You’ve decided that CPA is better than just optimizing for visits, but since the orders placed on your site have a wide range of values, you’d like to increase your AdWords bids for keywords resulting in orders that are more valuable to you, and decrease your bids on less valuable keywords. One good way to do this is to decide how much you are willing to spend on AdWords for each dollar spent on your site. For example, you may decide that you are willing to pay Google 5 cents for every dollar spent on your site. In other words, your “cost per value,” or CPV, is 5 cents of AdWords spend for each dollar of revenue earned. Using CPV, for an order of a $100 pair of running shoes, you would be willing to pay Google $5 for clicks on your ads. Likewise, for a $5 pair of socks, CPV would only have you pay $0.25. This is a huge improvement over the CPA model which had you spending $5 per order, regardless of the value of the order. Calculating the correct AdWords bids to achieve the desired CPV for each of the hundreds or thousands of keywords used by a typical e-commerce site is very time consuming. It can’t be done just once -- bids must change in response to changes in the AdWords marketplace, and new bids must be computed as keywords are added. Finch provides a service that does just this.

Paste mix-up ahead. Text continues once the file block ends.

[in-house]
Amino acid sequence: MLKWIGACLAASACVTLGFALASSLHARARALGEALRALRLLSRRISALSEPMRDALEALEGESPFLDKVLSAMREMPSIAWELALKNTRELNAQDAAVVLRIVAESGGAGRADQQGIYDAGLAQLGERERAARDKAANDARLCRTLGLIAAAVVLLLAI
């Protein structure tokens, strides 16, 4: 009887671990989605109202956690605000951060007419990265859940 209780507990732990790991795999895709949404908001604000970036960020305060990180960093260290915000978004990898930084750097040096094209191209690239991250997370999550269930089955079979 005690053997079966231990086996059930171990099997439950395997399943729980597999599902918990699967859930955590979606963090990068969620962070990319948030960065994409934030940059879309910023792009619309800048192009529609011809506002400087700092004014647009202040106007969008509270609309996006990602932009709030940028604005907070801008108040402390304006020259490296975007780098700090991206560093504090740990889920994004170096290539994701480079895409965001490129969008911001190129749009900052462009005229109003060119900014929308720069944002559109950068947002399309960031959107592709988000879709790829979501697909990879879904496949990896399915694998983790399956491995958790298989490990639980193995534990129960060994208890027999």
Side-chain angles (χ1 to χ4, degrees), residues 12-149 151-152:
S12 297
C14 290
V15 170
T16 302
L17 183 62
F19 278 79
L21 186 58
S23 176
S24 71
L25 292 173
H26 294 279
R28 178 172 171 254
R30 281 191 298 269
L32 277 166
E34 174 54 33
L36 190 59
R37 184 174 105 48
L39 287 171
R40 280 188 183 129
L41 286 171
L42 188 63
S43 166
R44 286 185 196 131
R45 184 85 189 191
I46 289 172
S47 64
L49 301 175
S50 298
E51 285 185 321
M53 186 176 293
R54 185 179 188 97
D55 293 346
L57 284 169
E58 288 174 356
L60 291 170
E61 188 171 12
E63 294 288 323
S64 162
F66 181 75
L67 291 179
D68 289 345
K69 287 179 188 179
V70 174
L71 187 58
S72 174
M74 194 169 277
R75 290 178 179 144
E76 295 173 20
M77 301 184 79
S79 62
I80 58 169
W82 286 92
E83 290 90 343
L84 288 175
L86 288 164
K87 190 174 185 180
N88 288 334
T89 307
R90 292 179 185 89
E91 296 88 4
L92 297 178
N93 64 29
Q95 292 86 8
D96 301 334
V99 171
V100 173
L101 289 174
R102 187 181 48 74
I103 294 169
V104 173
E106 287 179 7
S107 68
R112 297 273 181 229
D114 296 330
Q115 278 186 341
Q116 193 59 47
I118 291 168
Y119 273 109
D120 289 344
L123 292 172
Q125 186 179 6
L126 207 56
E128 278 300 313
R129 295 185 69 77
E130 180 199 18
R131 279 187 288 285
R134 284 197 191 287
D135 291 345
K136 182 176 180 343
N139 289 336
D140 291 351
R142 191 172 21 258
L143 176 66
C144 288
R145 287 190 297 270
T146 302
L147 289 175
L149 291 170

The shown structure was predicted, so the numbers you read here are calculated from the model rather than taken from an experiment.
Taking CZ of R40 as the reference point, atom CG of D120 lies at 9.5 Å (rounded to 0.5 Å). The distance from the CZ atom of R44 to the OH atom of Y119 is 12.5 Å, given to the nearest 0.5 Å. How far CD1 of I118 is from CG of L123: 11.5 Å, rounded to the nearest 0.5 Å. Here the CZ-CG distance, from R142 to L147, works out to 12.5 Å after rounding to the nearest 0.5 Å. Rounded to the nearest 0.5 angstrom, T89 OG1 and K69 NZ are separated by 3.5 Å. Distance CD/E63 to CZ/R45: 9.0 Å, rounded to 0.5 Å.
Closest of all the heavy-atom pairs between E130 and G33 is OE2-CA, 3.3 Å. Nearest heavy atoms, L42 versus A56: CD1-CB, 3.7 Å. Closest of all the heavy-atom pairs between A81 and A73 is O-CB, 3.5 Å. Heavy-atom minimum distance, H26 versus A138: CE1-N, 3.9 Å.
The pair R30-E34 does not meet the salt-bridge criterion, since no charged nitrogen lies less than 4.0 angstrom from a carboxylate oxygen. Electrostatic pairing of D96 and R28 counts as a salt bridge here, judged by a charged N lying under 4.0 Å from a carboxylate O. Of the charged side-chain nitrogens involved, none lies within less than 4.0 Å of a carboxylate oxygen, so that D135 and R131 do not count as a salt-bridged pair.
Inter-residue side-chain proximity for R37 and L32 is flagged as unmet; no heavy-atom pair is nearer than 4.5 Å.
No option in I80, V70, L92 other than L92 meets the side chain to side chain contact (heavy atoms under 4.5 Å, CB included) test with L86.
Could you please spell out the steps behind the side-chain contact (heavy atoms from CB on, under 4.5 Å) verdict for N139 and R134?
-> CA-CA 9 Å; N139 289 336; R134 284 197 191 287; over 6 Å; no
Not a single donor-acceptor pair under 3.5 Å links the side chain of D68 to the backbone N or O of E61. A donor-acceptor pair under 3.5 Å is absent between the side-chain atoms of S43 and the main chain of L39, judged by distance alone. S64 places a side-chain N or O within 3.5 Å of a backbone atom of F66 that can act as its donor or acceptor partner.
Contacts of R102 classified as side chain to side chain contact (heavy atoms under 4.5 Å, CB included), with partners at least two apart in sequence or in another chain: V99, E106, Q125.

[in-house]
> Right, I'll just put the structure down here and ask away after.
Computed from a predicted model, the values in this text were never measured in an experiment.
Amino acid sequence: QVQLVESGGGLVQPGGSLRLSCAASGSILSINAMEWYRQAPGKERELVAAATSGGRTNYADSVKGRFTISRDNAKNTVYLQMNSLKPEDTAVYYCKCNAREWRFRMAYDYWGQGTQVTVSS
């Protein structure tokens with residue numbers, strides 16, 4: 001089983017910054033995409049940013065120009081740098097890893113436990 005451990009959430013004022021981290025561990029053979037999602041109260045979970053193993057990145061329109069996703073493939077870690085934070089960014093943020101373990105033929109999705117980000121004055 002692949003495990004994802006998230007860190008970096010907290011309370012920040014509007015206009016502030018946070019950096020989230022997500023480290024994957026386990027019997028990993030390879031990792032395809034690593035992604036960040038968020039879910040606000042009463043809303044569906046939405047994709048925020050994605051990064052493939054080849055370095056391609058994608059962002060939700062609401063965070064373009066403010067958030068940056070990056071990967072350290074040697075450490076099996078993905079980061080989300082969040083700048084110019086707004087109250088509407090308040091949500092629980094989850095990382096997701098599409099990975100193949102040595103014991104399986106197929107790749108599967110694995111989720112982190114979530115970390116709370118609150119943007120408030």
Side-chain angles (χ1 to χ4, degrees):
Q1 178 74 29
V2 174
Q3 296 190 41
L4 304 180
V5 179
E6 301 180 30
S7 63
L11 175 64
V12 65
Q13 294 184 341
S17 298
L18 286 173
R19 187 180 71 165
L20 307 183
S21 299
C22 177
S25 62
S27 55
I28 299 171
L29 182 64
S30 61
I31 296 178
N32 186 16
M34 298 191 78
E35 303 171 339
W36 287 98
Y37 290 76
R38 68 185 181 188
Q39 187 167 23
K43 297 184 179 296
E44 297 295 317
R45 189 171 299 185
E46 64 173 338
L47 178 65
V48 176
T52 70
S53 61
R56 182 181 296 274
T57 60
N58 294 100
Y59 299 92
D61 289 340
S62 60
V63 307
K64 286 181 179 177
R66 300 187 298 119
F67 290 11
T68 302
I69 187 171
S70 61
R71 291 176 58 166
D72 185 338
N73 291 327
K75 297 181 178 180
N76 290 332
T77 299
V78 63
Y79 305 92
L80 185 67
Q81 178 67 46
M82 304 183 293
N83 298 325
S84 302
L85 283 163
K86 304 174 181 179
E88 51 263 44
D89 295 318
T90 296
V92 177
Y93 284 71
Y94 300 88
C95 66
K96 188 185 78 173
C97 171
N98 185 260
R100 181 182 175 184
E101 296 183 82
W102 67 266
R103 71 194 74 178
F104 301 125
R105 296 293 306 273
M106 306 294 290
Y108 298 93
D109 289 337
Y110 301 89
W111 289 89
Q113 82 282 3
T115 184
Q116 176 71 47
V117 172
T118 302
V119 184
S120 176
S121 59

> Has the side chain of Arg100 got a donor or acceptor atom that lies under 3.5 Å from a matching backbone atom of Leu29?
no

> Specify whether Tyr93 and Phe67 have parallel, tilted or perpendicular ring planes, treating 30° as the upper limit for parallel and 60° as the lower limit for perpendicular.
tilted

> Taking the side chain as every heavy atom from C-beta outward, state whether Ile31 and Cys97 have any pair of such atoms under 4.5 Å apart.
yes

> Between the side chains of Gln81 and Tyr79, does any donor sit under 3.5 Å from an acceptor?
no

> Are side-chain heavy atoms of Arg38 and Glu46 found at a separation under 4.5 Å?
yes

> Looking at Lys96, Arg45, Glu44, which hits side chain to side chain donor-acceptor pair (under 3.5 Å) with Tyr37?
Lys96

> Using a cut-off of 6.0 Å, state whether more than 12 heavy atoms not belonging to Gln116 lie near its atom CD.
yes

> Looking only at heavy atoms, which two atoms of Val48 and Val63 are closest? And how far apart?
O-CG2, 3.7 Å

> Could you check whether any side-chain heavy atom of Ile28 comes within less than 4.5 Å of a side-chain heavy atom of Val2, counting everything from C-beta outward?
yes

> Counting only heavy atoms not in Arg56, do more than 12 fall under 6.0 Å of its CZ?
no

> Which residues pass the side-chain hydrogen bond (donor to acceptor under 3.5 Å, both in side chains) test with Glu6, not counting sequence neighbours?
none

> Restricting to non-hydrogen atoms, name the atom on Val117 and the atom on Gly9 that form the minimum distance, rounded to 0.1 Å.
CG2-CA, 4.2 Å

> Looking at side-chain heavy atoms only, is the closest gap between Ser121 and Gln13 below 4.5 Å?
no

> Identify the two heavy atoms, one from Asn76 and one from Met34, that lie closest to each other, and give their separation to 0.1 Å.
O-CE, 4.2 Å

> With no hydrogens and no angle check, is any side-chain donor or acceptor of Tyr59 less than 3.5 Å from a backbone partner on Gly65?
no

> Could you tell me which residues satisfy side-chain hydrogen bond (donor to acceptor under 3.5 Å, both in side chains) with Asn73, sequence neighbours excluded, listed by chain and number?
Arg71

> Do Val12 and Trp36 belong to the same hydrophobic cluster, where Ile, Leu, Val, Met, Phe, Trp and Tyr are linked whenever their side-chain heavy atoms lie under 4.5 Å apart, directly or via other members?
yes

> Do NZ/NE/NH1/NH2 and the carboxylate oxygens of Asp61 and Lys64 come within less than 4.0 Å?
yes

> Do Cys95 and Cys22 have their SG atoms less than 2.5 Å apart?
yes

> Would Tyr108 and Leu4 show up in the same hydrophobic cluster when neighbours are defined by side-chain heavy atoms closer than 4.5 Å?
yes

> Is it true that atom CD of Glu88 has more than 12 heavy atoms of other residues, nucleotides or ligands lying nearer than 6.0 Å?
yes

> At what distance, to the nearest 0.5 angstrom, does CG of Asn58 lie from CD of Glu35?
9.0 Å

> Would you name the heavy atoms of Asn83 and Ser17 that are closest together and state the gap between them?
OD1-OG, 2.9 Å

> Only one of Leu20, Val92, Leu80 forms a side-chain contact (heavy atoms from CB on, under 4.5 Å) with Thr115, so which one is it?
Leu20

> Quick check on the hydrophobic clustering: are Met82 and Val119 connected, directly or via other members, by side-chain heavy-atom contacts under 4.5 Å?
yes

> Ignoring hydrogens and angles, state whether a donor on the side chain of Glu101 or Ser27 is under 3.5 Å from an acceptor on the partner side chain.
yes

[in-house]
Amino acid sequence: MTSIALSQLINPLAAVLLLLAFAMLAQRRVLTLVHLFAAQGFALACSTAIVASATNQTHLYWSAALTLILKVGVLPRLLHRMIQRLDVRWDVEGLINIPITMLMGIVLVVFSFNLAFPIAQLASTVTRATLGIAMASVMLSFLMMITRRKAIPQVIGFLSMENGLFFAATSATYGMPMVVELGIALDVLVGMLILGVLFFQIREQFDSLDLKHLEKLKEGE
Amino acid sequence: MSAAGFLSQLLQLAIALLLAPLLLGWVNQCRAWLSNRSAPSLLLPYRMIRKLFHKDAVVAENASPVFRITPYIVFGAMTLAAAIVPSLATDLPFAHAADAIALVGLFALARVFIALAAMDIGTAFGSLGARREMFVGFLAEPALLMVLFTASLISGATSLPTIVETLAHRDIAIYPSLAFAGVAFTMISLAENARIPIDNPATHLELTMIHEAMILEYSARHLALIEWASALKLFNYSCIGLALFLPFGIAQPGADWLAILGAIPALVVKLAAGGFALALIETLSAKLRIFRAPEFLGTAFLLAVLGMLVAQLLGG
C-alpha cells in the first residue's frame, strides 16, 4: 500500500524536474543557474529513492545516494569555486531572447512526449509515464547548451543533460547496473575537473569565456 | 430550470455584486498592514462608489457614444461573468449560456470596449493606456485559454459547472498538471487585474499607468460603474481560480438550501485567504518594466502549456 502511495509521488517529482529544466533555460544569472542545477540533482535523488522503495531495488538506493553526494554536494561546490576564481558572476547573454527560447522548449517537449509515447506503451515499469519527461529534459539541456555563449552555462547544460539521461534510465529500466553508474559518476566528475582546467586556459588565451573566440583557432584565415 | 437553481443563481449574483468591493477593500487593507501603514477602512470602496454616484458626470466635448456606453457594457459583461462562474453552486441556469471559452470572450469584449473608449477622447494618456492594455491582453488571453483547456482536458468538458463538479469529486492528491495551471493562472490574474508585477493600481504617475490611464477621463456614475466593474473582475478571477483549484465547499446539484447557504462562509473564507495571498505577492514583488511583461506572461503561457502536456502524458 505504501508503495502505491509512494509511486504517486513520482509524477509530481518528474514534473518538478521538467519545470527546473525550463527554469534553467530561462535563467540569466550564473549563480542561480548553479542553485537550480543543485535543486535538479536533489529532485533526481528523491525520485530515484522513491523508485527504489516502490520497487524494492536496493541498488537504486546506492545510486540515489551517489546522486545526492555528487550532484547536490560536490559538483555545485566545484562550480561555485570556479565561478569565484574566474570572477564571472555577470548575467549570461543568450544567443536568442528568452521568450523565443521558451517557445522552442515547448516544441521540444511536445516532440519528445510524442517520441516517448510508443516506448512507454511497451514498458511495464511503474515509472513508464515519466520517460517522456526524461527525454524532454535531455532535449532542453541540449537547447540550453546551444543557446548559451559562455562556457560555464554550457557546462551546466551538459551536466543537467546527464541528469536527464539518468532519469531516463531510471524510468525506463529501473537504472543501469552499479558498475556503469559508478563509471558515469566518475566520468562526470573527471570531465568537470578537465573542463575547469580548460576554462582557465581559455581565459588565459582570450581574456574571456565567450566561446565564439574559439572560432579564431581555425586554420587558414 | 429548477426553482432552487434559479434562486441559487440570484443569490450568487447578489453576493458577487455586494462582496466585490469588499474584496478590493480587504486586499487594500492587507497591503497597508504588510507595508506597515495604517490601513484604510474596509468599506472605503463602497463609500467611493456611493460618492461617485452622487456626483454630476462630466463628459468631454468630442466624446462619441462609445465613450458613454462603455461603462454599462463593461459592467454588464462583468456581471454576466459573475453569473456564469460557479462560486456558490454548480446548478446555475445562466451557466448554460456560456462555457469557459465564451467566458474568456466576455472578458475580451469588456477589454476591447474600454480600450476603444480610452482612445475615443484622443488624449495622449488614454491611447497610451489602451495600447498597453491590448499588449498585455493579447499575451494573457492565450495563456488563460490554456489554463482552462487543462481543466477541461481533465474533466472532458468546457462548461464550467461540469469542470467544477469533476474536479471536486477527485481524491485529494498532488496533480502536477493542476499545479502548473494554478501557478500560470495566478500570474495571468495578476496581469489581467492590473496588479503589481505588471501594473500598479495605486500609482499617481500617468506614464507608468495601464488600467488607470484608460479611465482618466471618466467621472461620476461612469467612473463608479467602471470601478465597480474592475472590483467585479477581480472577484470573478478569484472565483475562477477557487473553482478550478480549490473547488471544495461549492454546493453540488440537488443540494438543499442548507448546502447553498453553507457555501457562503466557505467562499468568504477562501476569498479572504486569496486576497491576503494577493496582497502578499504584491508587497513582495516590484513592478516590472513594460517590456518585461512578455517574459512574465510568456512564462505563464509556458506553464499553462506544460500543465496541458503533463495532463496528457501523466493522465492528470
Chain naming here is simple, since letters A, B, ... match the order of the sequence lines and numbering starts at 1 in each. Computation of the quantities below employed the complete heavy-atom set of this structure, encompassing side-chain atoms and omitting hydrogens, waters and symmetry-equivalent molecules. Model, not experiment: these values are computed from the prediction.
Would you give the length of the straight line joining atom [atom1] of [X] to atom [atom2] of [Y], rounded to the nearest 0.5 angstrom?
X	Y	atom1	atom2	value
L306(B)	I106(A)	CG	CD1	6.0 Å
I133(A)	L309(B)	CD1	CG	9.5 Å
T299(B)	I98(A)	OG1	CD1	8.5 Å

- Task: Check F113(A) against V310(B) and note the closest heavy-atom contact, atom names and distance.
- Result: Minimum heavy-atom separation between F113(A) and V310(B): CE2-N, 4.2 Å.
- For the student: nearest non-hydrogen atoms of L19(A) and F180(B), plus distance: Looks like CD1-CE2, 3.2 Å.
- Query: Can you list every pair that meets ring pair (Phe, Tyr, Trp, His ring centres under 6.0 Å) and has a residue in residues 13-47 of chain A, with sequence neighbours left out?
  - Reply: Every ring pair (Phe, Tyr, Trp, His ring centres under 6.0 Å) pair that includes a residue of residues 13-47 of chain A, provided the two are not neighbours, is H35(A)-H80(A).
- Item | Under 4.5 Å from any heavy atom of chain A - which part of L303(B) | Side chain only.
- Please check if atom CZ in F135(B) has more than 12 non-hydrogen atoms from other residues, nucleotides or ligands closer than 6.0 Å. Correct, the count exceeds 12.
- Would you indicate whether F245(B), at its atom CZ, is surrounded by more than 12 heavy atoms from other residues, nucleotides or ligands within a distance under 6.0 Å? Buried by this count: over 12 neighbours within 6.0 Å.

CPV is a very effective way to optimize your AdWords spending. However, CPV optimizes AdWords bids in an attempt to maximize revenue. It doesn’t take an MBA to know that businesses generally want to maximize profits, not revenue. For an e-commerce site in which the percentage of profit generated for the sale of any item is fairly constant, then CPV will work well for maximizing profits. However, if the percentage of profit generated by different products varies widely, then CPV may not be optimal.
Suppose your running shoe e-commerce site sells shoes of model A for $100 and makes $30 profit for each sale. You also sell shoes of model B for $100 and make $10 profit for each sale. The CPV model considers the sales of model A and model B to be equivalent since they both generate $100 in revenue. However, you’d really probably be willing pay Google more for each sale of model A than you would for model B.
Finch is excited to announce the early access release of a new feature that allows our customers to optimize their AdWords bids for profit. We’re calling optimizing this way “cost-per-profit” or “CPP.” It works much the same way as CPV does. Instead of setting a CPV target, you set a CPP target. For example, for your running shoe site, you might decide that you’re willing to spend 30 cents for every dollar of profit your site generates. Once you set this target, the Finch engine does the hard work of determining what to bid on each of your keywords in order to achieve this CPP target and updates your bids on a daily basis in response to the constantly changing AdWords marketplace.